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Liz O Donnell's picture

Data from the U.S. Census released this week revealed the sobering fact the gender wage gap is not closing; the 2011 data is not statistically different from the 2010 data. Last year, the median earnings of women who worked full time, year-round was 77 percent of that for men working full time, year-round. That gap translates into approximately $10,000 less per year in median earnings. For women of color, the gap is even larger.

On top of the gender-based gap, women’s wages are threatened by the “mommy penalty.” A report published by The University of Chicago Press highlights two studies which “find that employed mothers in the United States suffer a per-child wage penalty of approximately 5%, on average, after controlling for the usual human capital and occupational factors that affect wages,” and additional research that shows, “for those under the age of 35, the pay gap between mothers and non-mothers is larger than the pay gap between men and women.”

Considering the fact more than half of American women who work are breadwinners contributing at least some part of the necessary income to maintain their households, the gap is quite disconcerting. And for me, a primary and sole breadwinner, it’s personal.

As equal pay champion Lilly Ledbetter said at the Democratic National Convention earlier this month, “Those pennies add up to real money. It's real money for the little things like being able to take your kids to the movies and for the big things like sending them to college. It's paying your rent this month and paying the mortgage in the future. It's having savings for the bill you didn't expect and savings for the dignified retirement you've earned.”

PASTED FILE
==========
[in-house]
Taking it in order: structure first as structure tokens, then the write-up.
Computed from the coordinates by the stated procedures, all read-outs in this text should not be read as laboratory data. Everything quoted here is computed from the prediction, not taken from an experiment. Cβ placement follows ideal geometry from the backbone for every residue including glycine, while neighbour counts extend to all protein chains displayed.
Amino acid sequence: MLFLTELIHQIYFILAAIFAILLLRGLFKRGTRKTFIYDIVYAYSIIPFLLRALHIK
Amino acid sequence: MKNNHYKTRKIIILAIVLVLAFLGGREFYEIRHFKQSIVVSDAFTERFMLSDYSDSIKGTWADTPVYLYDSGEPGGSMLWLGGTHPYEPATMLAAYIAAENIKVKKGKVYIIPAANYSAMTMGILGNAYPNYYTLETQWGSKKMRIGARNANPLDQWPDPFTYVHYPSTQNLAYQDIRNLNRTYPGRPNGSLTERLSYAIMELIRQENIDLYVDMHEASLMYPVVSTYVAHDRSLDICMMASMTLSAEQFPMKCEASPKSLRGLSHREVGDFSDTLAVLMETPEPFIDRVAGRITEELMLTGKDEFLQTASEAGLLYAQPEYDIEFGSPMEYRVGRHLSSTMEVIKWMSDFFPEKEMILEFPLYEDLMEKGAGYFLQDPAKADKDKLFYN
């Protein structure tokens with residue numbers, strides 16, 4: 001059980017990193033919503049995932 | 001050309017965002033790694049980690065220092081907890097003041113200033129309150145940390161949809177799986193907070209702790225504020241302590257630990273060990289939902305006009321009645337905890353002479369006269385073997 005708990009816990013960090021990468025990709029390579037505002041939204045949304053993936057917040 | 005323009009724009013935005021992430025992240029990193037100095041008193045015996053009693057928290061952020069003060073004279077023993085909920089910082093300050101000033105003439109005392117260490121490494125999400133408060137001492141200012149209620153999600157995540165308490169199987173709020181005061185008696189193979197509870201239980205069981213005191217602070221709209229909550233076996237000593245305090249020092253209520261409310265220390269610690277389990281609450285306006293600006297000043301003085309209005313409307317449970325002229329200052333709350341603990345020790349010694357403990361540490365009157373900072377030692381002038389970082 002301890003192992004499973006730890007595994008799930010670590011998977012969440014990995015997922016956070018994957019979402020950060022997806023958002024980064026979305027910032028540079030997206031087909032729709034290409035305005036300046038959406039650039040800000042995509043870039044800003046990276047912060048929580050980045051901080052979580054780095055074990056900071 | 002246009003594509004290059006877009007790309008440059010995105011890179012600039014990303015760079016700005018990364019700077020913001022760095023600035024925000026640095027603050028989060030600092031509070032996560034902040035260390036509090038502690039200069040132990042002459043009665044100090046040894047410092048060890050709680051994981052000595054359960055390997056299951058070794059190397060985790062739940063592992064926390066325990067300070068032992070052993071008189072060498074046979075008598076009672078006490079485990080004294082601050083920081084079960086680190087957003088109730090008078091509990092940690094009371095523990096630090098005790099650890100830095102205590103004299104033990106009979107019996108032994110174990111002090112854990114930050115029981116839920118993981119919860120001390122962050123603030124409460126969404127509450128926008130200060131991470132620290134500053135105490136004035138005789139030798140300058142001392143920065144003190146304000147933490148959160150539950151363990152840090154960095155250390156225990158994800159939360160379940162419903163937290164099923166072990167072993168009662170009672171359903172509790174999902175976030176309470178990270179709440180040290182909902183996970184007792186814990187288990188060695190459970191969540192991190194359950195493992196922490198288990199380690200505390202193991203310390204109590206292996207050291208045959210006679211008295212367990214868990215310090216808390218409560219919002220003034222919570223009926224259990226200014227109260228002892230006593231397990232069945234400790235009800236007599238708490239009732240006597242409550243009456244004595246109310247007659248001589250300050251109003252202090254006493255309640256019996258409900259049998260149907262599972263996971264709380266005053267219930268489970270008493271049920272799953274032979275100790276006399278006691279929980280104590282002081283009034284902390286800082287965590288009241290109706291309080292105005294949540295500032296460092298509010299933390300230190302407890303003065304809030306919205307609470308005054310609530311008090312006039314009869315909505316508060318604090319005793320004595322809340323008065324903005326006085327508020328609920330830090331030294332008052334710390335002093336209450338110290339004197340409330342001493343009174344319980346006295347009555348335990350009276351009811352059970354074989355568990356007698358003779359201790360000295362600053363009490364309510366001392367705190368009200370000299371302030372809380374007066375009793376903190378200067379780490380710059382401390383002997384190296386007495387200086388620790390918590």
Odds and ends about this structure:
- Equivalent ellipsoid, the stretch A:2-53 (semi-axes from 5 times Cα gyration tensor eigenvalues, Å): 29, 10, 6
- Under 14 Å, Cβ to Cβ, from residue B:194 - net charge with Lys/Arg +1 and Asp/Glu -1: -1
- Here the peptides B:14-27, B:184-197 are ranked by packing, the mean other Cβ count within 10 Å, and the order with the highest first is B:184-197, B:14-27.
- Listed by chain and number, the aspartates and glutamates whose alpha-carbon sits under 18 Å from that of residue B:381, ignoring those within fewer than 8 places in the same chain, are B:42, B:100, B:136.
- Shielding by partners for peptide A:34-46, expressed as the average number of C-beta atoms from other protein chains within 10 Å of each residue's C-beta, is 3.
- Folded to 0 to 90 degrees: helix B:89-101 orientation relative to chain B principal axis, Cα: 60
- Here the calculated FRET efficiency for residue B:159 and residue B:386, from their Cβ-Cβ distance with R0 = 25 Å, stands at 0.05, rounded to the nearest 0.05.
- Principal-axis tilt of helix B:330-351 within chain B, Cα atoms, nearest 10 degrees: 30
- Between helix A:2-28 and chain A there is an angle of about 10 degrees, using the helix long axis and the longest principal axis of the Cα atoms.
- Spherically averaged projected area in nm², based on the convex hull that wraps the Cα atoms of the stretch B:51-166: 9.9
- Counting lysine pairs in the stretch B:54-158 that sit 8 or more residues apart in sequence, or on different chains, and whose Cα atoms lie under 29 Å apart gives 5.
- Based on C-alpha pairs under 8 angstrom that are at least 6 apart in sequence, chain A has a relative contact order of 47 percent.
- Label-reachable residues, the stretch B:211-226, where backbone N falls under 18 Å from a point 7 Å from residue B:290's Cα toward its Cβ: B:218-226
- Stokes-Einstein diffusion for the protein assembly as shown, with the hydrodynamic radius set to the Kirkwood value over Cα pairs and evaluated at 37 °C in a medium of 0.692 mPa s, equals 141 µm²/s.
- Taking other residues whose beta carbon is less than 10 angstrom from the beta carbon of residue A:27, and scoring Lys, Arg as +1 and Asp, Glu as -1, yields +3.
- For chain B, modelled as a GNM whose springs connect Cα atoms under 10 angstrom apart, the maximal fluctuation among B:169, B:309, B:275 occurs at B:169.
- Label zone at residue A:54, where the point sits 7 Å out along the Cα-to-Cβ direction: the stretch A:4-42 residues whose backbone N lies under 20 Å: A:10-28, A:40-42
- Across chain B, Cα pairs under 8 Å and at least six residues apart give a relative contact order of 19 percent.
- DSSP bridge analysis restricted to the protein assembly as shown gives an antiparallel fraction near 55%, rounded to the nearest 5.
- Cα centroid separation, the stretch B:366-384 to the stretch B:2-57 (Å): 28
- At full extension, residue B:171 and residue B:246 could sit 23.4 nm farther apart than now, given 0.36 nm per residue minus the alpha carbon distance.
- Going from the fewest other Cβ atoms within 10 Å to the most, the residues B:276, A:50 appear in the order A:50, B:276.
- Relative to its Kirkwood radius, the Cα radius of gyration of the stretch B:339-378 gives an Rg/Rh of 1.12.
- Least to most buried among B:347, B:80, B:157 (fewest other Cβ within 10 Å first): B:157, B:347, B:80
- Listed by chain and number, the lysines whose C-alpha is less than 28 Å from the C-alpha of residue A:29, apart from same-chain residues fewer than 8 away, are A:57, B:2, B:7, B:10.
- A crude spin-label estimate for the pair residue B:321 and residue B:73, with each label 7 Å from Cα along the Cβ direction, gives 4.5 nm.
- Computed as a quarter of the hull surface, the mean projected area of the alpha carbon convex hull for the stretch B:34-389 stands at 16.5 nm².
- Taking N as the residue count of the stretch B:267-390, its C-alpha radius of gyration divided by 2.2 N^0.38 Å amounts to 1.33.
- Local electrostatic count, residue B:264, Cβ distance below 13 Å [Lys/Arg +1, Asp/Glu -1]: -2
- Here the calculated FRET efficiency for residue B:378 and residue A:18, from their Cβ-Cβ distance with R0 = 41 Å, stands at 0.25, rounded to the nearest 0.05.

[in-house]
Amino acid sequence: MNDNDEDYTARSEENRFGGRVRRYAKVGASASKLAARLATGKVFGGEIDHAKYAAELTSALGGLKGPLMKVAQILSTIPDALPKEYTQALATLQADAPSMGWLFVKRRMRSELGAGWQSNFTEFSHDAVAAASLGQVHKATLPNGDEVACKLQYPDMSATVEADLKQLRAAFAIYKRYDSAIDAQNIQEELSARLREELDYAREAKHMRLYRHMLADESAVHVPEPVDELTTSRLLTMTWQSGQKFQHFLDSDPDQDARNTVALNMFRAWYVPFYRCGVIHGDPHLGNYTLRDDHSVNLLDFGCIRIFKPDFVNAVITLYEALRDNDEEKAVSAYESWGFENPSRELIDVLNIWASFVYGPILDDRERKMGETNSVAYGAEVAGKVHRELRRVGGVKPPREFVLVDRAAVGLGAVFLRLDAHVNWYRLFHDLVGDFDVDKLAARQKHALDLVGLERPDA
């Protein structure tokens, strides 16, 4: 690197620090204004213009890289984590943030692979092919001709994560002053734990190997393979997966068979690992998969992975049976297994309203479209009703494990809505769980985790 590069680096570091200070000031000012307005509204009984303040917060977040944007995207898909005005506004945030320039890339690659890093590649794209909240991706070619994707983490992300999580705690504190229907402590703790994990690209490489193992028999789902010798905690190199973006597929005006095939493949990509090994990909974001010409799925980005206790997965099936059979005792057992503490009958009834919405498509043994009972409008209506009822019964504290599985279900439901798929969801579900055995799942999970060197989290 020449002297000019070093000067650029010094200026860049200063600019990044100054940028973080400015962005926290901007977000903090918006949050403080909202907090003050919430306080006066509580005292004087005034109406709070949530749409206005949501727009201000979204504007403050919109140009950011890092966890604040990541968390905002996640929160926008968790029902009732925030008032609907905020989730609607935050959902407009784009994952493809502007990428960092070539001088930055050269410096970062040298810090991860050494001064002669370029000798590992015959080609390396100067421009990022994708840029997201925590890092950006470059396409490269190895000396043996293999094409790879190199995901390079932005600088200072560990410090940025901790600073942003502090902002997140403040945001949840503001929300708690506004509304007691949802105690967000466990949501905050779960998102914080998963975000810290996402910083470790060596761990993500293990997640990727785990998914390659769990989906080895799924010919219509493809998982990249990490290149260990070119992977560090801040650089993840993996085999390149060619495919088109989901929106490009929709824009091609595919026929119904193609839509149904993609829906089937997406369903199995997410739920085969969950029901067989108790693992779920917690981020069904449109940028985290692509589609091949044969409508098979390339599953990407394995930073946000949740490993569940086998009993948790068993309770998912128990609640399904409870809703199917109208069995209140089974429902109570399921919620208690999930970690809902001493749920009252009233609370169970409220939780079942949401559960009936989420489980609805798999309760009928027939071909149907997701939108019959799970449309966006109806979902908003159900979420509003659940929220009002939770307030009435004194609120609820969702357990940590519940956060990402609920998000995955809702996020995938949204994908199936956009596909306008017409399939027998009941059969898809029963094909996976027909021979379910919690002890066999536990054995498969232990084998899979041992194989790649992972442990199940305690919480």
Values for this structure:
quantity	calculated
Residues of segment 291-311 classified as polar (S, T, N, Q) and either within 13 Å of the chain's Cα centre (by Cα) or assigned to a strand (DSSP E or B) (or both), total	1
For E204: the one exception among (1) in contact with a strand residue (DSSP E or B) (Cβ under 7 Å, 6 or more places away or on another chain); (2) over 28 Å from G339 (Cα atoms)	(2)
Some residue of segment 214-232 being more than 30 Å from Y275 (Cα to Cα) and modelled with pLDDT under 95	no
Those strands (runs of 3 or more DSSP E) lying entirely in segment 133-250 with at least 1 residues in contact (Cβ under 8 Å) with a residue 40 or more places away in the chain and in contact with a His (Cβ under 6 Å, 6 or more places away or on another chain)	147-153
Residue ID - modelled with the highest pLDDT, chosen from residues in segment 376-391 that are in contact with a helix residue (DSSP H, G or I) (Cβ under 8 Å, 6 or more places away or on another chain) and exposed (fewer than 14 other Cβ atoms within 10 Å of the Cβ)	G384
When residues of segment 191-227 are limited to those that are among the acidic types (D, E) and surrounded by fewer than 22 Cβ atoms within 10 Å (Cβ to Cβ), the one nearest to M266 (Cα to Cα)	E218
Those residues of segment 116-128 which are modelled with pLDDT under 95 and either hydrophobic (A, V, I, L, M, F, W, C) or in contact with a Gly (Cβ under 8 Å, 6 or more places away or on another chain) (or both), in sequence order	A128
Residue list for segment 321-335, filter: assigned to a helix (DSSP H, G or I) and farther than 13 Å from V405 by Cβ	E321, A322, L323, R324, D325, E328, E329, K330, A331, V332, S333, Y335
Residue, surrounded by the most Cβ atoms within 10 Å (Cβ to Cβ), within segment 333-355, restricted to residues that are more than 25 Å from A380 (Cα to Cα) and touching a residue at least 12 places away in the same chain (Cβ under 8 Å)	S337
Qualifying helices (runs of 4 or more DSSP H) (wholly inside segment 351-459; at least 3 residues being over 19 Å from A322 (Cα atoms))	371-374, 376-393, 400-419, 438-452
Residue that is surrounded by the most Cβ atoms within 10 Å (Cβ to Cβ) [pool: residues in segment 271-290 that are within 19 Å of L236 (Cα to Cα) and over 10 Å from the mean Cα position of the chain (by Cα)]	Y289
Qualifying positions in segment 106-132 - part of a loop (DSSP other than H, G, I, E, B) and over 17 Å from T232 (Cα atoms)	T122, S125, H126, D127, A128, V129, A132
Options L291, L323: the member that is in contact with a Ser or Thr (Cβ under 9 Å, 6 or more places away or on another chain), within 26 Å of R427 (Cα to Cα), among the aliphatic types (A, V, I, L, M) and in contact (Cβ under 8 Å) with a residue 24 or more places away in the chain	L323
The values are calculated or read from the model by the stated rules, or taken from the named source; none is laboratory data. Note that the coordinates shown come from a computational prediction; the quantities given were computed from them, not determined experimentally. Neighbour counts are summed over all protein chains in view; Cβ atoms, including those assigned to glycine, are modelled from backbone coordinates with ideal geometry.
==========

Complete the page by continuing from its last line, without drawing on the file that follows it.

Exactly. I don’t suffer the working mother guilt I often read about in magazines. I know my kids are well cared for during the day and I feel good about providing for my family. What does give me pause however, is when I wonder if my family is shortchanged $10,000 because mom’s gone from 9-5 instead of Dad. Would my kids have more opportunity if the roles were reversed? Would I say yes more often when they ask to do things that cost money? Would they be better global citizens if we could afford to travel? Would their minds be exposed to more if I could send them to camp or give them music and art lessons? Would their college plans be more solid and their tuition funds more full?

It’s one thing if I were shortchanged – unfair, absurd, inequitable. But to shortchange my family – that would be intolerable – and even more so for families who are struggling. The gender gap doesn’t extend to the mortgage, the grocery bills, the cost of childcare, school fees or medical bills. A gallon of milk and a box of diapers don’t cost .23 cents less when mom’s check pays for them instead of dad’s.

Fair pay is not a woman’s issue; it’s a family issue. The Paycheck Fairness Act would prohibit employers from retaliating against workers who share salary information. The legislation would also establish training groups to help women strengthen their negotiation skills and require the Department of Labor to offer outreach and training designed to eliminate wage disparities.

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